Welcome to my personal little universe, located deep within the recording studio of Taped Rugs Productions. What you're about to dive into is an experiment in sharing some of my techniques, motivations, and quirks -- a peek at the essence of my artistry. I realize, of course, that many readers will quickly lose interest when trying to interpret my poor attempts at describing the unusual ways that I squeeze the life out of old and unfamiliar technologies, but, if after this post is online a while, I get a sense that there is some sort of genuine audience for what I write here today, much more will follow.
Last October I joined the ranks of those who have spent six decades on the planet. I decided it was time to carry out a plan that I have had in the back of my mind for many of those years -- creating an homage album to the Doors (yes, that's the Densmore, Krieger, Manzarek, Morrison group).
Back in 1967, the Doors first album was released, and the unique qualities of the seven-minute long hit: "Light My Fire" got burned solidly into my little eight-year-old brain. As the months passed into 1968, I began to regularly borrow my sister's "The Doors" album, playing each side over and over, day after day. My sister eventually purchased a copy of the record for me, because she did not want me to completely wear out her copy (although I think it was already too late by the time she gave it to me). This album was my first in-depth exploration of "contemporary" music, and it left an impression that has remained with me all my life. For my young impressionable self, the Doors came across as unique among the bands of the day, and as I grew older, I came to appreciate the musicianship of each member of the group, as well as the lyrical genius of Morrison.
In this post, I will describe the processes that led to the first piece I recorded for this Doors homage. I chose "Moonlight Drive" to kick off the action. I picked this piece, not because it was the first song that Morrison and Manzarek ever cooked up together, but because I have had a bootleg album (recorded at the Matrix in San Francisco in 1967) entitled "Moonlight Drive" in my possession since the middle 1970's, and the performances on that record have always particularly inspired me.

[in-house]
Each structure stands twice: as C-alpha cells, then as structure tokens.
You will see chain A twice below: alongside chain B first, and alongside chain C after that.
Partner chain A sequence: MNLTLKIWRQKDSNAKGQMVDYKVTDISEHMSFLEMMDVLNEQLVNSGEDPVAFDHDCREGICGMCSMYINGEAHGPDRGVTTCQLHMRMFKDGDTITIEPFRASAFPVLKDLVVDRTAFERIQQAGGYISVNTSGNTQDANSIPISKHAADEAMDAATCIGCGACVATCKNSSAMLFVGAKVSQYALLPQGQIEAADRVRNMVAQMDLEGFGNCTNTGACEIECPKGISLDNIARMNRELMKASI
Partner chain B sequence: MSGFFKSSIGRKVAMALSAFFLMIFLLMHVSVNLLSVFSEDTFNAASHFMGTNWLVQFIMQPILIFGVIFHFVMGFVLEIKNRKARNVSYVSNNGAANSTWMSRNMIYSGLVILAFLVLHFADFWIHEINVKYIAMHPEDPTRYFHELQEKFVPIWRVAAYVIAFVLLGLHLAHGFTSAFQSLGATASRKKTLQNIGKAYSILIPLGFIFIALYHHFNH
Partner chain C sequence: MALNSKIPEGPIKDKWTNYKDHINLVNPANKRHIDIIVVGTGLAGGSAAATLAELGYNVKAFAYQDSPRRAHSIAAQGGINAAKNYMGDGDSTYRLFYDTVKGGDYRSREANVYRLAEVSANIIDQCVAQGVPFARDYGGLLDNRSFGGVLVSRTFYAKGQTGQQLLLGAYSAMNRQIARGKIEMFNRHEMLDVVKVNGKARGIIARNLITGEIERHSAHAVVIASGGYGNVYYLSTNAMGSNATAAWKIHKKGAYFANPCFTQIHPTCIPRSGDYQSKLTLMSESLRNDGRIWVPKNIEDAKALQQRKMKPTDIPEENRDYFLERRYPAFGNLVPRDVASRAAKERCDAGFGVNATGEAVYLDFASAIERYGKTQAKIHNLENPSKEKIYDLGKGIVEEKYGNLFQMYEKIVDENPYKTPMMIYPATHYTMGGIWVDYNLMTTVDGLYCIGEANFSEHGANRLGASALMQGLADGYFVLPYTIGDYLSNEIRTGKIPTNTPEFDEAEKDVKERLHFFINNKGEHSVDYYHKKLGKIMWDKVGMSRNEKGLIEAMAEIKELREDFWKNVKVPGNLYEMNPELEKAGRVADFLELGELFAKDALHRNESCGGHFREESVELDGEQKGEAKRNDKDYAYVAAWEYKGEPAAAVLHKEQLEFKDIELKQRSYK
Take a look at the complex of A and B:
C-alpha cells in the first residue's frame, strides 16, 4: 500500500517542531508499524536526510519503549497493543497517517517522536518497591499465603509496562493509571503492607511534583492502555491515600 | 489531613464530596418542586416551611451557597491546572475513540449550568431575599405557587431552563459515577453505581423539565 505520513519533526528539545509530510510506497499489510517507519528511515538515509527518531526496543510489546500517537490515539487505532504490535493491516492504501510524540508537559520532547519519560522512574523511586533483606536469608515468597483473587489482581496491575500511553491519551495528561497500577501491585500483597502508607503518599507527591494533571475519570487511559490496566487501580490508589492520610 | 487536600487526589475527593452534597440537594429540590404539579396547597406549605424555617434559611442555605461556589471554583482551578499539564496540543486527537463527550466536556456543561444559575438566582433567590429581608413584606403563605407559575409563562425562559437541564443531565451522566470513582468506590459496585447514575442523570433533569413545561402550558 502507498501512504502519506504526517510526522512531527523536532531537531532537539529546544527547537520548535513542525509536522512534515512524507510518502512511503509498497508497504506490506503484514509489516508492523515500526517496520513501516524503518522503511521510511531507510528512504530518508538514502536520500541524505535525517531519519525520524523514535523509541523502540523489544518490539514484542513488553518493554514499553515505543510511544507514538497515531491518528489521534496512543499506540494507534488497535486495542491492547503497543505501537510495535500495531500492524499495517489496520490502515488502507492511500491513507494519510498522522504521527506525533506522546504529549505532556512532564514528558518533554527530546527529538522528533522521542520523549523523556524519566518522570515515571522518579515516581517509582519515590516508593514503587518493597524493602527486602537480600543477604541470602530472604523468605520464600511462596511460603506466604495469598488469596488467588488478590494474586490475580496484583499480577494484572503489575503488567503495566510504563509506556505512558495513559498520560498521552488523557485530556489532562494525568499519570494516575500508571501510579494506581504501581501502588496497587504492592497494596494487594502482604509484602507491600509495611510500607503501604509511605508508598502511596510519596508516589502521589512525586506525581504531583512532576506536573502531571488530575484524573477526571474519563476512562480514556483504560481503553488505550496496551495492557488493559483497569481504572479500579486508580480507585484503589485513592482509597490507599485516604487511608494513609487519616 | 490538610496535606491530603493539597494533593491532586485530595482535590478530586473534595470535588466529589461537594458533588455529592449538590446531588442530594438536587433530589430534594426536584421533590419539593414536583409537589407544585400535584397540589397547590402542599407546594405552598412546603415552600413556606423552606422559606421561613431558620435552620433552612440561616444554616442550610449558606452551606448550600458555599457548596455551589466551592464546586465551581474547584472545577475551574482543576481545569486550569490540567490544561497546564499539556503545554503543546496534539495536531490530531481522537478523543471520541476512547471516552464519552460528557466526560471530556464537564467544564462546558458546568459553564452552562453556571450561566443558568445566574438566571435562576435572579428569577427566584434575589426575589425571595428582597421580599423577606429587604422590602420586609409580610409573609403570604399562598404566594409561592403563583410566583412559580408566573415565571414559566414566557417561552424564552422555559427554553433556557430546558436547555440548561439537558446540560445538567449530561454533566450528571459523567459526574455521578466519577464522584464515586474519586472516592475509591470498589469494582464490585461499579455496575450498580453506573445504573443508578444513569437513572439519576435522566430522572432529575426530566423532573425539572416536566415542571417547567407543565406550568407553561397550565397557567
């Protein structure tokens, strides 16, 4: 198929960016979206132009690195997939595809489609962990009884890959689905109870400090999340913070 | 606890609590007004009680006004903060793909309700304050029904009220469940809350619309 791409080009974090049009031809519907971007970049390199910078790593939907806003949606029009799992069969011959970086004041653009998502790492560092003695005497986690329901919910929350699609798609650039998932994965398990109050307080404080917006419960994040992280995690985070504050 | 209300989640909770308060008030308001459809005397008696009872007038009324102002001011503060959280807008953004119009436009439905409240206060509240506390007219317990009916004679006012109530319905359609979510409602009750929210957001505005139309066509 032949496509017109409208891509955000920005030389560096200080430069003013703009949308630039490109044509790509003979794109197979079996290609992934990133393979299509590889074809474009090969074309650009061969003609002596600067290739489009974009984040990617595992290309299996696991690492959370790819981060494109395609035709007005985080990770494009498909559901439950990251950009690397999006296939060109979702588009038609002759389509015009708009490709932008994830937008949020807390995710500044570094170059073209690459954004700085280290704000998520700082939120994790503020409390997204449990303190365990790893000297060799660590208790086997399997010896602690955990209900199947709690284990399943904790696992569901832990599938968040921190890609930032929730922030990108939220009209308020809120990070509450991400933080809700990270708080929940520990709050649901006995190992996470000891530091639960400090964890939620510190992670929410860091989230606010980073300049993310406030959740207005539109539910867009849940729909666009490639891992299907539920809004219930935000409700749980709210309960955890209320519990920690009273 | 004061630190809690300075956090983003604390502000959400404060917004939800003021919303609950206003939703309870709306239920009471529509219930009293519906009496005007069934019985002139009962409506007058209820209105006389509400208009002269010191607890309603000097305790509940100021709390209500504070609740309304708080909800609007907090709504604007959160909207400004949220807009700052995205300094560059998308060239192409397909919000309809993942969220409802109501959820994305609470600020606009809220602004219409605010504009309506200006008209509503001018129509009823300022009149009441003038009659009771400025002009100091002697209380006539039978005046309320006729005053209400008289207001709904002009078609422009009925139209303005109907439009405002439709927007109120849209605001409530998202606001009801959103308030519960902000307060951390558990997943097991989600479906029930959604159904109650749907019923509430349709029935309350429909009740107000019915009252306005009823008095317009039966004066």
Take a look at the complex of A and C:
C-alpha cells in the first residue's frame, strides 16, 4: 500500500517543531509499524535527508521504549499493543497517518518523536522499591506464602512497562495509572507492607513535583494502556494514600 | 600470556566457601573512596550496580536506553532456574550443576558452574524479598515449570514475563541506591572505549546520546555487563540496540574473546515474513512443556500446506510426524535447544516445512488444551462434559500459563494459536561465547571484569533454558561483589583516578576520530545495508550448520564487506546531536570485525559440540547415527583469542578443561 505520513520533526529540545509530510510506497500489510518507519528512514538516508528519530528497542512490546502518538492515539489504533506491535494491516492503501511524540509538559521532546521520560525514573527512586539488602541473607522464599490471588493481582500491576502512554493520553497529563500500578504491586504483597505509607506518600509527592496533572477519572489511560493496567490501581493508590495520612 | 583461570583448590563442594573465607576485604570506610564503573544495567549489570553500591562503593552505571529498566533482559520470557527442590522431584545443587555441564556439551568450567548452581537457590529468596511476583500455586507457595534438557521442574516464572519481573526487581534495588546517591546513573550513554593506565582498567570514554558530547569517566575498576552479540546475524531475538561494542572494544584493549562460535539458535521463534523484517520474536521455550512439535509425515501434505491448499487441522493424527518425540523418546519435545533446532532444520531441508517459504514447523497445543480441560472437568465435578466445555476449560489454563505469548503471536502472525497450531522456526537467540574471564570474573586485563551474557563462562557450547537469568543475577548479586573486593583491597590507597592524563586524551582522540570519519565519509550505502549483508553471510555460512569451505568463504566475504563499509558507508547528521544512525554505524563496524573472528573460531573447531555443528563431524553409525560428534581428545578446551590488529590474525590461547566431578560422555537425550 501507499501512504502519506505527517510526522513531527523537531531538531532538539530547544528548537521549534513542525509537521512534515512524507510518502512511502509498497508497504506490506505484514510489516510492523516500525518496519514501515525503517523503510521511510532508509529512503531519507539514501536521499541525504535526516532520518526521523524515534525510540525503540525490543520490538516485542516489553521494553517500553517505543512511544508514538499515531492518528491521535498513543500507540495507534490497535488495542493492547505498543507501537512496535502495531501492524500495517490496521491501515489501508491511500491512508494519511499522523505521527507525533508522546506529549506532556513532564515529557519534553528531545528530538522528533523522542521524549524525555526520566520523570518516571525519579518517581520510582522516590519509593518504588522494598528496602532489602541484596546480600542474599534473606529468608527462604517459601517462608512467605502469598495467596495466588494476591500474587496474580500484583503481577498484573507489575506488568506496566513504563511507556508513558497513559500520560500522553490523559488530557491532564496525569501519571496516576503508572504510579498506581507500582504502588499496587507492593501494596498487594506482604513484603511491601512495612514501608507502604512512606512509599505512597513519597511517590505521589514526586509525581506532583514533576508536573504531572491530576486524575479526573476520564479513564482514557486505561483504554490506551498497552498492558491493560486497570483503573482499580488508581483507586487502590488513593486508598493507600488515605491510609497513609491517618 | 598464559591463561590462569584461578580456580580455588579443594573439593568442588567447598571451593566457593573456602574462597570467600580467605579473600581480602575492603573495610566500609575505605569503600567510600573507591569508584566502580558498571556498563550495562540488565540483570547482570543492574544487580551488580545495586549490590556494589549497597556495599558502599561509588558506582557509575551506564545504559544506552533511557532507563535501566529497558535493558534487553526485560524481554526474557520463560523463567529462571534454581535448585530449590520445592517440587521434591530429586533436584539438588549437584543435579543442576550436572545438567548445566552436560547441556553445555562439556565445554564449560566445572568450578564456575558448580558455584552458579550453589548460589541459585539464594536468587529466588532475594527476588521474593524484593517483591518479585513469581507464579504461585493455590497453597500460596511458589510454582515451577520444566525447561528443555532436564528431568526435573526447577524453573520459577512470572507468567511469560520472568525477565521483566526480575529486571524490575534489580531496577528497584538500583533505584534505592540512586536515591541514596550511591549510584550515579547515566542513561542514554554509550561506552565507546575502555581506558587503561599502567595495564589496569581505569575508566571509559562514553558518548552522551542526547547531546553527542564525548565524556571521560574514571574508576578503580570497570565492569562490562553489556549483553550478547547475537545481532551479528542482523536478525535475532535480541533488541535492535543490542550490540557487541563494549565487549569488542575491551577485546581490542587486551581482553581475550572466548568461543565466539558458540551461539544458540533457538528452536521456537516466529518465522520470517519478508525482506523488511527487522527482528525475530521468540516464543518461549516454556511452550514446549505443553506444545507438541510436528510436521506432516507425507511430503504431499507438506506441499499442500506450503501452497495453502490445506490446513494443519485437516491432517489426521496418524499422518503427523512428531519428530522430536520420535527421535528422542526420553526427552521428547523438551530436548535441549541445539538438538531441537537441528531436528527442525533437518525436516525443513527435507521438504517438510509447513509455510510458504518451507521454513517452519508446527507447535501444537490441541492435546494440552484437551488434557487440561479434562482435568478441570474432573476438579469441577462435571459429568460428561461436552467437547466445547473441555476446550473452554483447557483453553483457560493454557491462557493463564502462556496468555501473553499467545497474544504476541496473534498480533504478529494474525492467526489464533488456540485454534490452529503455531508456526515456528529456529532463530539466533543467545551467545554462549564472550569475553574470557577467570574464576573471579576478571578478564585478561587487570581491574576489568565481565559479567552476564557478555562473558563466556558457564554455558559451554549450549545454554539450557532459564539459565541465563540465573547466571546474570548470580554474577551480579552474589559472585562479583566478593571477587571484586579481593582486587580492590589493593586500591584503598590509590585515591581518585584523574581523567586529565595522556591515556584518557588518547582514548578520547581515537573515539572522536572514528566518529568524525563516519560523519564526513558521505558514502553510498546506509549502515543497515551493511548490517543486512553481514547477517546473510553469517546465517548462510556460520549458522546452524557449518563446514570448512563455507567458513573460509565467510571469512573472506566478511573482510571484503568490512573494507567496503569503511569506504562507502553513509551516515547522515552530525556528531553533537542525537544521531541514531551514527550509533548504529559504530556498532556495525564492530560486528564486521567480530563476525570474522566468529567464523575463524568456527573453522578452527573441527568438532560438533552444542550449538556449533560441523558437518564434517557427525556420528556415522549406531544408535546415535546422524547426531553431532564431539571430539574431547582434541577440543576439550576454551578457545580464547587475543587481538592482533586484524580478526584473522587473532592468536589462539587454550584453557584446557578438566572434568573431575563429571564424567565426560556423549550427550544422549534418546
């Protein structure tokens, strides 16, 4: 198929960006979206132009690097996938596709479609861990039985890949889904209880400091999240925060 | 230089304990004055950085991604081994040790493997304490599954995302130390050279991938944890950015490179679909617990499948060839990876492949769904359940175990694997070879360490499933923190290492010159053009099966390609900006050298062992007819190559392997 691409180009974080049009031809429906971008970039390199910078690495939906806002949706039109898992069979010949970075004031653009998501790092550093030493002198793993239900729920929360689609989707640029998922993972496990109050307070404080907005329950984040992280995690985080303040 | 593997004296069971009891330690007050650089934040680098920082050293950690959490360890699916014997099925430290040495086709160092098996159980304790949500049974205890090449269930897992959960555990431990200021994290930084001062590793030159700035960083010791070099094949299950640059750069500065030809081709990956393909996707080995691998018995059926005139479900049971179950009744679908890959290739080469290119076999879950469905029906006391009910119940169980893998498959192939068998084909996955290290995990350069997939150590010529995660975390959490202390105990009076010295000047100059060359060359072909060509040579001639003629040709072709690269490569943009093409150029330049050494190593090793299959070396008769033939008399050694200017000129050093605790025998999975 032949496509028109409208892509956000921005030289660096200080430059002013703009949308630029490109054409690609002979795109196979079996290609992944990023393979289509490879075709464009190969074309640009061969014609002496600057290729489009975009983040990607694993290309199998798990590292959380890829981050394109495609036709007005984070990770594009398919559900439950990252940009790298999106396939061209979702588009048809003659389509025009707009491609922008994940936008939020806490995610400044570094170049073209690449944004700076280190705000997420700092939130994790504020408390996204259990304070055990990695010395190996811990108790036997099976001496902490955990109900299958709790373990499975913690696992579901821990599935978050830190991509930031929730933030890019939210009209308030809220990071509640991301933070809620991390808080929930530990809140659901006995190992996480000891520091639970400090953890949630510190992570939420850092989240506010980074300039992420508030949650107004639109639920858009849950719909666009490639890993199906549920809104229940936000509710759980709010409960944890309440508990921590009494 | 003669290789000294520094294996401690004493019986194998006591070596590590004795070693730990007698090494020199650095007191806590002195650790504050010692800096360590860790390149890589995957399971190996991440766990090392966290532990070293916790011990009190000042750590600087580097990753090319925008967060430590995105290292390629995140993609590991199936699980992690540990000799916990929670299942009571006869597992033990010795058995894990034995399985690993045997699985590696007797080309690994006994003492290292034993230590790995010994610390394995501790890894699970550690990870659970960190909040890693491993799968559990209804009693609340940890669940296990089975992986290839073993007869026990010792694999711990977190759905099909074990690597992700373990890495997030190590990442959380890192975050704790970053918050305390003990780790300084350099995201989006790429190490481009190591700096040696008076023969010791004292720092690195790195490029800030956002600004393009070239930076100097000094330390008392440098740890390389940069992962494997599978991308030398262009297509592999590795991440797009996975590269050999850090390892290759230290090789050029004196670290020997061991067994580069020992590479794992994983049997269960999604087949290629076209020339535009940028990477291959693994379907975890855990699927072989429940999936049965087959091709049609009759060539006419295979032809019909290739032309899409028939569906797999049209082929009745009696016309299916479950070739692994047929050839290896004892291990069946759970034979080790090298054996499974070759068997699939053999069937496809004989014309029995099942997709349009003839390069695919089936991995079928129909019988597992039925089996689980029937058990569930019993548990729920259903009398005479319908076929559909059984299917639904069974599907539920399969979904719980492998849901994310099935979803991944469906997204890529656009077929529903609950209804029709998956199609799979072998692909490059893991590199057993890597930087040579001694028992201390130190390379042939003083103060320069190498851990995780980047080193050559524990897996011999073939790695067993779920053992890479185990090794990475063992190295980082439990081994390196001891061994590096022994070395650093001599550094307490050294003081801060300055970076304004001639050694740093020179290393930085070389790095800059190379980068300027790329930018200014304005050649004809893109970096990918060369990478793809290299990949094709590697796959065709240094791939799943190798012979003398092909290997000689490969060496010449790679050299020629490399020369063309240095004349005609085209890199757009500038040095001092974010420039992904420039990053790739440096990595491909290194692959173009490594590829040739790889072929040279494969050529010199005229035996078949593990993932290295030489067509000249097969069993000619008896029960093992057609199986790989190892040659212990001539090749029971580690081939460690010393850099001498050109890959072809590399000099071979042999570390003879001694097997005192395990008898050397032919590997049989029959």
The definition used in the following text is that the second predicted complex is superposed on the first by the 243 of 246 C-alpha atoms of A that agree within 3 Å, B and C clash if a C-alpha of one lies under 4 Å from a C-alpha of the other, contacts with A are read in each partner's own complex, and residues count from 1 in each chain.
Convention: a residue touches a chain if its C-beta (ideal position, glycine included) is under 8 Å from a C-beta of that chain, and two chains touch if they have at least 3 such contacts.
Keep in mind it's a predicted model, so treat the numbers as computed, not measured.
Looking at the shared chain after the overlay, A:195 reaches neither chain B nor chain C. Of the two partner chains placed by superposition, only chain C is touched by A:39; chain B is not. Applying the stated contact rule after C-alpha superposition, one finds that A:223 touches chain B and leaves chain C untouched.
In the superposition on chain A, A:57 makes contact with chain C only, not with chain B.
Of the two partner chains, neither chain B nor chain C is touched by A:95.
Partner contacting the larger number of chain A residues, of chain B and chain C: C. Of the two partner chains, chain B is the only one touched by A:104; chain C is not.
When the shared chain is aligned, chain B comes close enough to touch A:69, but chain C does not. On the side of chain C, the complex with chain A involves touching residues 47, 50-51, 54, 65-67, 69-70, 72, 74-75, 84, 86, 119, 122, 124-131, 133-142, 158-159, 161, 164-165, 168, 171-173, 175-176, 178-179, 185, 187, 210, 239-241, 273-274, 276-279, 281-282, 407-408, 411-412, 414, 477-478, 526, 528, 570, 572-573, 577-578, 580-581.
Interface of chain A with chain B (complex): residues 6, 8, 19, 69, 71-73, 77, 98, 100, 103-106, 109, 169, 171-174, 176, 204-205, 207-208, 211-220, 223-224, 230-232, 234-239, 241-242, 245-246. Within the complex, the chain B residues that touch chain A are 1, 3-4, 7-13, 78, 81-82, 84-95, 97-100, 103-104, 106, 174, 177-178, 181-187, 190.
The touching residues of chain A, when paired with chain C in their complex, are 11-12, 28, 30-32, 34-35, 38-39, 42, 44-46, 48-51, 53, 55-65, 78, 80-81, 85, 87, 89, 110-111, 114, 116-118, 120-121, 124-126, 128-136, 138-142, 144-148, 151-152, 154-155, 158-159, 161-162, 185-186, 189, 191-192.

For those of you readers who are unfamiliar with my methods, you should know that I approach each recording I make, originals and covers, with the belief that it should have a life of its own - free to range within and without the boundaries of musical traditions and precedents. This means that all my cover songs, while containing elements of their antecedents, usually fly far afield of the originals.
Here's a list of some of the tools I used to create this piece:
"The Doors Complete": a songbook produced by Warner Brothers in 1983
"The Lost Writings Of Jim Morrison": a book of poems, Villard Books, NY, 1989
Computers: Windows XP, Windows 10
Software: Cool Edit Pro II, Audacity, Midisoft MIDI Scorewriter, Windows Media Player, Several Plug-In Audio Sound Effects
Ovation Celebrity Electro-Acoustic Guitar (1990's, big belly, model)
Korg R3 Vocoder/Synthesizer
Music Boxes: (a variety, all mounted together into a resonant metal cookie box, fashioned by yours truly)
Field Recording: "Dog Island Tide Coming In" (acquired from a personally recorded cassette that I picked up at a used book sale, hosted by a local church charity)
A selection of short, pre-recorded, percussion samples from a collection of sound effects called the "Janus Professional Sound Library" (1990's)
A generic MIDI recording of "Love Her Madly," acquired via the internet
A cheap, barebones, 4-channel, Radio Shack Mixer
Last December I started learning the chords for Moonlight Drive on my acoustic guitar. I kept the tempo of the original for the most part, but I wanted to add a little something, so I cooked up an intro of descending chords that I mated to a Morrison poem called "Underwaterfall." I used this same descending chord sequence at the end of the song for the final lyrics as well. It wasn't until early February that I actually got down to recording the acoustic guitar bit for the song, however, which meant that I had a long time to refine exactly how I would play it.
I suffer no illusion that my guitar talents are in any way comparable to those of Robbie Krieger. I decided to avoid using an electric guitar or a bottleneck slide (which are both prominently featured in the Doors' version of the song), and simply tried to make the most of what talents I possess with an original arrangement on my acoustic guitar. My Ovation was recorded through a direct line from the guitar to the computer -- no effects added. Whenever I am sculpting a song, I record several versions of every instrument I employ; then I spend lots of time picking out the best version -- or constructing a best version from small portions of various takes. After that, I clean up any hisses, clicks, extraneous noises, and save the refined result as a building block to later add to a multi-track mix. Thus I did do with the acoustic guitar.